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Unveiling the Marvels of the Foot and Ankle

The human body is a magnificent piece of engineering, and some of its most remarkable feats (pun intended) occur right at the ground level - in the feet and ankles. Often overlooked, these small but intricate structures are vital to our mobility, balance, and overall well-being. In this blog post, we're going to take a deep dive into the wonders of the foot and ankle, exploring their anatomy, biomechanics, and the crucial roles they play in our daily lives.

Anatomy of the Foot and Ankle: A Masterpiece of Complexity

The foot and ankle consist of numerous bones, joints, muscles, ligaments, and tendons, all working together seamlessly to simultaneously promote both movement and stability. Let’s delve into the anatomy quickly so you see what I mean.

Layers of the anatomy of the feet


  • Feet: Total of 26 bones in each foot including the tarsal, metatarsal, and phalangeal bones.

  • Ankle: Only three bones come together to form the ankle joint- the tibia, fibula, and talus bones.


  • Feet: There are 33 joints in the foot, each with a specific function that ultimately helps us walk, balance, distribute our weight when standing, and so much more!

  • Ankle: The talocrural joint allows sagittal plane motion, while the subtalar joint permits coronal plane movements. Both of these joints play important roles in our ability to balance and propel ourselves forward.


  • Around 20 intrinsic and extrinsic muscles control foot and ankle movements. These muscles work in harmony to provide stability and mobility, helping us maintain balance and adapt to various terrains.

Ligaments and Tendons:

  • Ligaments connect bone to bone, while tendons attach muscles to bone. In the foot and ankle, approximately 120 ligaments provide stability, and also play an important role in returning energy during our stride with their tension. The tendons to many the many intrinsic and extrinsic muscles of the foot and ankle enable dynamic movements like pointing the toes or flexing the ankle.

Biomechanics: The Dance of the Foot and Ankle

The biomechanics of the foot and ankle are nothing short of awe-inspiring. They function as both a shock absorber and a lever, adapting to our movements and the surfaces we traverse. Here are some of the important roles the foot plays in our bodies:

Shock Absorption: The arches of the foot act as natural shock absorbers, distributing the impact forces encountered during activities like walking or running. This protects not only the feet but also the knees, hips, and spine.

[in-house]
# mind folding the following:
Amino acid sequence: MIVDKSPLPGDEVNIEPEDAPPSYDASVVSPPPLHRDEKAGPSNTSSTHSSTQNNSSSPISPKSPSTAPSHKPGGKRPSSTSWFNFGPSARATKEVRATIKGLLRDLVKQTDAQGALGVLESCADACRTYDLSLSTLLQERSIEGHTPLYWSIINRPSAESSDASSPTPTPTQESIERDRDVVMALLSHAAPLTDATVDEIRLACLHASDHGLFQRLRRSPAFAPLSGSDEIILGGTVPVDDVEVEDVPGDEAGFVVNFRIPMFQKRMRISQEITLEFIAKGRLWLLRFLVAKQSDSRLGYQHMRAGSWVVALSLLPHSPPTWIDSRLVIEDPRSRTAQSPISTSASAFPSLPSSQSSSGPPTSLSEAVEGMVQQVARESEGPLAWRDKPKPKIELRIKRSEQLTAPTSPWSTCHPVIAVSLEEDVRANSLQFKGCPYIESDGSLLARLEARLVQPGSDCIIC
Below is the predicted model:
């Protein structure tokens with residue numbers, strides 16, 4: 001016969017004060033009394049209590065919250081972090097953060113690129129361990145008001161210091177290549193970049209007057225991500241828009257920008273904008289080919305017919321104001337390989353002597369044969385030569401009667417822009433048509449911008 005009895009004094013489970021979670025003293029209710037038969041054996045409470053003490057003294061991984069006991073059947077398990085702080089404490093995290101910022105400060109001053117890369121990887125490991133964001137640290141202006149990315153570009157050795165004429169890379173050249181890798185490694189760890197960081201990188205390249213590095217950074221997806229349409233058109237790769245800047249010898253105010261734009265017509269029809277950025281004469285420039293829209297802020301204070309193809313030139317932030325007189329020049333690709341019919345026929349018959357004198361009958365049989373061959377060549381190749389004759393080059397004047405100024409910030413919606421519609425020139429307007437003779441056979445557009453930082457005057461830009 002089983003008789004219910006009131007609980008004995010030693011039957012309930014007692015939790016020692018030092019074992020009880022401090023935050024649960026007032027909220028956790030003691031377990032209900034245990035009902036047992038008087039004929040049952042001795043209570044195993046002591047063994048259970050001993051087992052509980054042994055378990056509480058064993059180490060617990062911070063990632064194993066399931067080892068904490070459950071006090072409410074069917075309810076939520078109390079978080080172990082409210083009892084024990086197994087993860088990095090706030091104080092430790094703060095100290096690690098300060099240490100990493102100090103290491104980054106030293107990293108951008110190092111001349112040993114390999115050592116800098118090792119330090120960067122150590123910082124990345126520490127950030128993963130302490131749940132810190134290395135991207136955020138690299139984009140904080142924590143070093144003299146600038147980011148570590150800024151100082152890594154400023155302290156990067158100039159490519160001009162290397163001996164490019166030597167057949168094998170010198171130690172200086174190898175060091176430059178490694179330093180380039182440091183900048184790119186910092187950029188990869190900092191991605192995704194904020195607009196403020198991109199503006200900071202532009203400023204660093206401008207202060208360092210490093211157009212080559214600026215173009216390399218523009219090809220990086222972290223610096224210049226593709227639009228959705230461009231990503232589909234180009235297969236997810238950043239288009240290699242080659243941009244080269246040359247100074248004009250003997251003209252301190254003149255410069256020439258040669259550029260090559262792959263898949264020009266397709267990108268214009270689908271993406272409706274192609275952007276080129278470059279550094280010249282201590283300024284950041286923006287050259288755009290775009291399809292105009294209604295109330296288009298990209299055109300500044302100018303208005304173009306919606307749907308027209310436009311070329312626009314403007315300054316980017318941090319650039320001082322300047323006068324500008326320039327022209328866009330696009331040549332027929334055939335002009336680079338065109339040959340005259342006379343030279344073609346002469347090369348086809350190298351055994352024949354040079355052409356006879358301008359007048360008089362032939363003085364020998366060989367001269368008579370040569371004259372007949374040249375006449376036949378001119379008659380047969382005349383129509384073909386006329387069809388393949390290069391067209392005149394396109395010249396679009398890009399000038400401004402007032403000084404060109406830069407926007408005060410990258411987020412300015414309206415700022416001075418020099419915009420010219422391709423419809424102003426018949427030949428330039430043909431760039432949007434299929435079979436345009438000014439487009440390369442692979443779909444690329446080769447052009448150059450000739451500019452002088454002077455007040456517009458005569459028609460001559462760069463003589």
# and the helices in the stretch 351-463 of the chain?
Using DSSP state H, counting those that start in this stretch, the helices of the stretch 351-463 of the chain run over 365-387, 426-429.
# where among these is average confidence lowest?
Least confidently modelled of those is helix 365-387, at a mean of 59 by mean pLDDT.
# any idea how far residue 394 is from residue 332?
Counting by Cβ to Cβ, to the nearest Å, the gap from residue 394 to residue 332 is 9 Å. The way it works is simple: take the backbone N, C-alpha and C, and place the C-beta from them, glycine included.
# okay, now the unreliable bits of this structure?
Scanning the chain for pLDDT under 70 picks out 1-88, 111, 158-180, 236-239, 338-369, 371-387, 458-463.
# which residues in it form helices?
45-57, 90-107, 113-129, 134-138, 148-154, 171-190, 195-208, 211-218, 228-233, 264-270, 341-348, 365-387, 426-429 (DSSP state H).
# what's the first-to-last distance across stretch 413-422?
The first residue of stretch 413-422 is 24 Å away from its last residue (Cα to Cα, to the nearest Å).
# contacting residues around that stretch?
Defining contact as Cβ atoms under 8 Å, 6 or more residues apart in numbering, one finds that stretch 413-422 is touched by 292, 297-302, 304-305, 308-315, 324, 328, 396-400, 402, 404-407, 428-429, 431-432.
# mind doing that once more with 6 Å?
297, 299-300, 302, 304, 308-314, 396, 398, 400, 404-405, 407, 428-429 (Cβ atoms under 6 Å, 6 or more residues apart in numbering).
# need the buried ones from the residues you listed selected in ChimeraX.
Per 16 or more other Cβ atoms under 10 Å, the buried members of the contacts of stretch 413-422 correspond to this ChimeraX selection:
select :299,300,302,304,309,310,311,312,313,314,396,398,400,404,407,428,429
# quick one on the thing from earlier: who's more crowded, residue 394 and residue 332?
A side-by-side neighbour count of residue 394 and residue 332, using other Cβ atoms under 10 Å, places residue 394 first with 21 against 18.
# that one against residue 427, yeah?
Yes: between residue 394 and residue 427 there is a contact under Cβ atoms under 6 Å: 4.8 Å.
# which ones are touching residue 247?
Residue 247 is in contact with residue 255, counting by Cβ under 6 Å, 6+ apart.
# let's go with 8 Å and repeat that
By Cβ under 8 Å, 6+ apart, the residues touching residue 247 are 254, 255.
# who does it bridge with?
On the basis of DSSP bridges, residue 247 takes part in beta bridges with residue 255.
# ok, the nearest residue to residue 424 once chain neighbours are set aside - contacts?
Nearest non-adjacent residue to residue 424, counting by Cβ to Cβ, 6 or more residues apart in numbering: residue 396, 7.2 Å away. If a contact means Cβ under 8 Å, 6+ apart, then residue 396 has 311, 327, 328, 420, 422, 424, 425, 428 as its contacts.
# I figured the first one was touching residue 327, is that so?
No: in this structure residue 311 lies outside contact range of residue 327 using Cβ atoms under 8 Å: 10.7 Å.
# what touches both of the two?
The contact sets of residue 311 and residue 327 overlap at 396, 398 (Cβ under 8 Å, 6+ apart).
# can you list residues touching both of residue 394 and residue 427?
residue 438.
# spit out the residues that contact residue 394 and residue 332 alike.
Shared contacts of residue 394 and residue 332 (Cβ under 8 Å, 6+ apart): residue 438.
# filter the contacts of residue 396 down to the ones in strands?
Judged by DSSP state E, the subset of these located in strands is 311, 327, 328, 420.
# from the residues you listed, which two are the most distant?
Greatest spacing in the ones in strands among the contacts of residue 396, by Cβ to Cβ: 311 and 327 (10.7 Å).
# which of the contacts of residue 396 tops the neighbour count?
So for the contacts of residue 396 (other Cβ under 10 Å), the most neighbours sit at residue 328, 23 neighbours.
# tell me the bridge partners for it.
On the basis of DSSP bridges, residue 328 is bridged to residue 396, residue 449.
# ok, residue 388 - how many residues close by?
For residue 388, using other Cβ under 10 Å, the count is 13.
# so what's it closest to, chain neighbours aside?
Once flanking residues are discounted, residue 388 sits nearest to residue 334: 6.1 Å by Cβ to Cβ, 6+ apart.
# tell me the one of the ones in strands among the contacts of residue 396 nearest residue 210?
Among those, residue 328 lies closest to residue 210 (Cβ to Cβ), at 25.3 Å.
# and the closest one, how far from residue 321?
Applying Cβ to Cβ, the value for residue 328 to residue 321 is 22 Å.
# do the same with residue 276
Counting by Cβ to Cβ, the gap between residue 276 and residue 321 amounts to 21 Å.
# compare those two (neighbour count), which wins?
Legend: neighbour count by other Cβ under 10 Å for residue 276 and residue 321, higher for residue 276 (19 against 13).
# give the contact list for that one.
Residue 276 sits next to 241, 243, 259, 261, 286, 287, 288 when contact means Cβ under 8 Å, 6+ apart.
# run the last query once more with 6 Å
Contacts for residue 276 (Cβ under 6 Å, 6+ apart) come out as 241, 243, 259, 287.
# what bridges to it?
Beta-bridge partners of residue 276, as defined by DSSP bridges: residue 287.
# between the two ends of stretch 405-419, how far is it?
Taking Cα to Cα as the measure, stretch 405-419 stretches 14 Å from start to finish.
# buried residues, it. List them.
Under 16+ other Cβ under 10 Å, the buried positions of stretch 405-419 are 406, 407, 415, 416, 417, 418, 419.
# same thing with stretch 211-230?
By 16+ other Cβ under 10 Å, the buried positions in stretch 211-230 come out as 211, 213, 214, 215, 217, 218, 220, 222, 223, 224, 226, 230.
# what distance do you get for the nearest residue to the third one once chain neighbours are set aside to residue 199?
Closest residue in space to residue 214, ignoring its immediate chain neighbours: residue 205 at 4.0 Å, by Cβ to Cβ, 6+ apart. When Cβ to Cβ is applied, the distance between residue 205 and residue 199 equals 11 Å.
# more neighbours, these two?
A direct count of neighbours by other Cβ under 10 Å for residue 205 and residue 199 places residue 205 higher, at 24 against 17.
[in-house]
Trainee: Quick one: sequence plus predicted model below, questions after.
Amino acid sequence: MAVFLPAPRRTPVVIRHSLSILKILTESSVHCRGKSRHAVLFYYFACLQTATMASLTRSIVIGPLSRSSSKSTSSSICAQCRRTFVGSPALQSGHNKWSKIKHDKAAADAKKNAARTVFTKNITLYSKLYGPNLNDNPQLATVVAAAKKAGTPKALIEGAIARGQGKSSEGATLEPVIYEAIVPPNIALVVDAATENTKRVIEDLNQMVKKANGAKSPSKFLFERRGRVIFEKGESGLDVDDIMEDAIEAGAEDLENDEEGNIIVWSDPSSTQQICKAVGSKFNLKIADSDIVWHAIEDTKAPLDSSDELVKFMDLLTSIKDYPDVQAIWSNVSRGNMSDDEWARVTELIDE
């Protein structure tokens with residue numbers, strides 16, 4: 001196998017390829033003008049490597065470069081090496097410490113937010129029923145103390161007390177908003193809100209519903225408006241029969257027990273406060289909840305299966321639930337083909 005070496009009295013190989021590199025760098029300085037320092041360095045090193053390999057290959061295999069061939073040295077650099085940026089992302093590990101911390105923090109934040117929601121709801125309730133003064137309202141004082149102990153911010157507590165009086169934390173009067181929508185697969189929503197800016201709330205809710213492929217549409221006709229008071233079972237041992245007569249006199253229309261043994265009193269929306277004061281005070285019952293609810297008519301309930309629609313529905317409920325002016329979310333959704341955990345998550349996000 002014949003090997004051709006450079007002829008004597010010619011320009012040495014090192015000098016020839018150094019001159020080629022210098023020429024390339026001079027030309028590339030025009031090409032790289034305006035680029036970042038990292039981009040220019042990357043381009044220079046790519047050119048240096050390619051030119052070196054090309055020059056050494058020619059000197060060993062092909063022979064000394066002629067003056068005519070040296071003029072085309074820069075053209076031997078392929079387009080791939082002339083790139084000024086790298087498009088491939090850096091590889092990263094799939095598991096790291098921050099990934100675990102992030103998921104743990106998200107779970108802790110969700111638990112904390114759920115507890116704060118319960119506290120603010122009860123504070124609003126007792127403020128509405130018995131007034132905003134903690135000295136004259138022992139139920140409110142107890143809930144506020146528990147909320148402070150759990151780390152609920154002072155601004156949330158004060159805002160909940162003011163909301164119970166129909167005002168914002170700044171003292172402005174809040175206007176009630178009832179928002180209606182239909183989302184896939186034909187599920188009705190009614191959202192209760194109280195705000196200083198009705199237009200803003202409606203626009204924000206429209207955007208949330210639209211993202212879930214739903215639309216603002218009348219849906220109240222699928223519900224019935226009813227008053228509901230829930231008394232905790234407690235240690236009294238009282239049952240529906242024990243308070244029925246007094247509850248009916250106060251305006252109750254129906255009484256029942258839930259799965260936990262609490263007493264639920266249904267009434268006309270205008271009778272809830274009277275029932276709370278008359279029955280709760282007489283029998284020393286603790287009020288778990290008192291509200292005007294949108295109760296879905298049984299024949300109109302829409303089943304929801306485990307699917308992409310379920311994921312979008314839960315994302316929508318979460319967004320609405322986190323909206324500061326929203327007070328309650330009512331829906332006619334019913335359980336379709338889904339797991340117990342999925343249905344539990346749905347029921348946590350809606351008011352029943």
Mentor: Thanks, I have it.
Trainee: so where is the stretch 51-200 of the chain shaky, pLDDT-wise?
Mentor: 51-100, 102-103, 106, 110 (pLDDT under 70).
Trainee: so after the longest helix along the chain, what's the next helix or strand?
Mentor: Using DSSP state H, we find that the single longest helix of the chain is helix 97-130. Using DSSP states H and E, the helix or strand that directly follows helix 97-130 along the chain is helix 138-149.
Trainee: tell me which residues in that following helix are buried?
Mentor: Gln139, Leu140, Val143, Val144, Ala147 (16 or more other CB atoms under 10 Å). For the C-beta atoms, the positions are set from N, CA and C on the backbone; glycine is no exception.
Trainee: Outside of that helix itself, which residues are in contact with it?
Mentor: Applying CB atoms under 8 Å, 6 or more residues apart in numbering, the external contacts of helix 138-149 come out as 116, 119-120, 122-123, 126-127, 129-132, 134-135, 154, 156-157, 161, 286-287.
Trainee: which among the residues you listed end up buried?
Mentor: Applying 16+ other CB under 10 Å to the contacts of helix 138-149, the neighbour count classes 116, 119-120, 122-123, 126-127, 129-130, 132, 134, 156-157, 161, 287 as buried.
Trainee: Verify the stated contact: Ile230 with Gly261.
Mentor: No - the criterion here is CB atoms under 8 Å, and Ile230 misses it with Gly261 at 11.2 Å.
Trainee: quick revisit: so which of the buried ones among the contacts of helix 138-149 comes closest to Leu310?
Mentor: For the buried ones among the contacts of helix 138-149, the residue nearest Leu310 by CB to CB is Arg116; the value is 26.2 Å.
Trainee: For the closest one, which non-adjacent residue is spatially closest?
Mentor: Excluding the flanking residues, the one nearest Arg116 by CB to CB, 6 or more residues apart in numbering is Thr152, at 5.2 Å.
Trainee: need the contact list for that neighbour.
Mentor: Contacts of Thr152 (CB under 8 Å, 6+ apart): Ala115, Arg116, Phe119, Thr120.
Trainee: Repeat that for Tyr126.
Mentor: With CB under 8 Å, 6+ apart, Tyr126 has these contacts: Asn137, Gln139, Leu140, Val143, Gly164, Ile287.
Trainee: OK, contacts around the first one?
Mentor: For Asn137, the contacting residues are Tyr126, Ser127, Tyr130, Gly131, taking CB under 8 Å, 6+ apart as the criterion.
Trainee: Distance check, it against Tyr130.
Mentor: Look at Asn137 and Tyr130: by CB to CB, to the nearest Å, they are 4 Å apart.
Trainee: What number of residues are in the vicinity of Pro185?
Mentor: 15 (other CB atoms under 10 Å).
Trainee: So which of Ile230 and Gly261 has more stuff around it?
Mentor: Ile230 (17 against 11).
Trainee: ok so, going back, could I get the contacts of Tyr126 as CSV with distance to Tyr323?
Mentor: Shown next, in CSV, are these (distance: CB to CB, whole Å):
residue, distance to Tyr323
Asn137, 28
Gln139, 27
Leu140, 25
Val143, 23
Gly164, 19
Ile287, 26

Balance and Proprioception: The foot is rich in proprioceptors, sensory receptors that provide feedback about body position and movement. This information is crucial for balance and coordination, enabling us to maintain an upright posture despite uneven ground.

Adaptation to Terrain: The foot's flexibility allows it to adapt to various surfaces, from soft sand to rocky trails. Muscles, ligaments, and tendons work in tandem to provide stability and prevent injuries.

The Importance of Foot and Ankle Health

Maintaining the health of your feet and ankles is essential for overall well-being. Neglecting them can lead to a host of problems, including:

Pain and Discomfort: Issues like bunions, intermetatarsal neuromas, and ankle sprains can cause persistent pain and limit mobility.

Posture Problems: Foot and ankle problems can be related to postural issues. At the Morales Method® when it comes to posture, we’re more from the “School of Pelvis”, but regardless, it’s hard to deny that feet can have an effect on posture.

Reduced Mobility: If you’ve ever had pain in your feet in ankles, you well know how much this can hinder your ability to be mobile. You might be able to “put your feet up” and rest, but you definitely begin to realize how much you take for granted the ability to even just walk across the room.

Manual Therapy for the Foot & Ankle

Detailed manual therapy in these territories can be incredibly valuable to your clients and your practice. Your ability to navigate all the nooks and crannies of the feet and ankles to promote support and mobility in this often-forgotten structure can set you apart from your peers.

If you’re ready to take your foot and work to the next level, check out our online class Advanced Foot & Ankle Work! This course will offer you the techniques to work the feet and ankles safely and effectively and also address common issues like sprains, intermetatarsal neuromas, and bunions! Click here to enroll now and become a master of detailed foot & ankle work!


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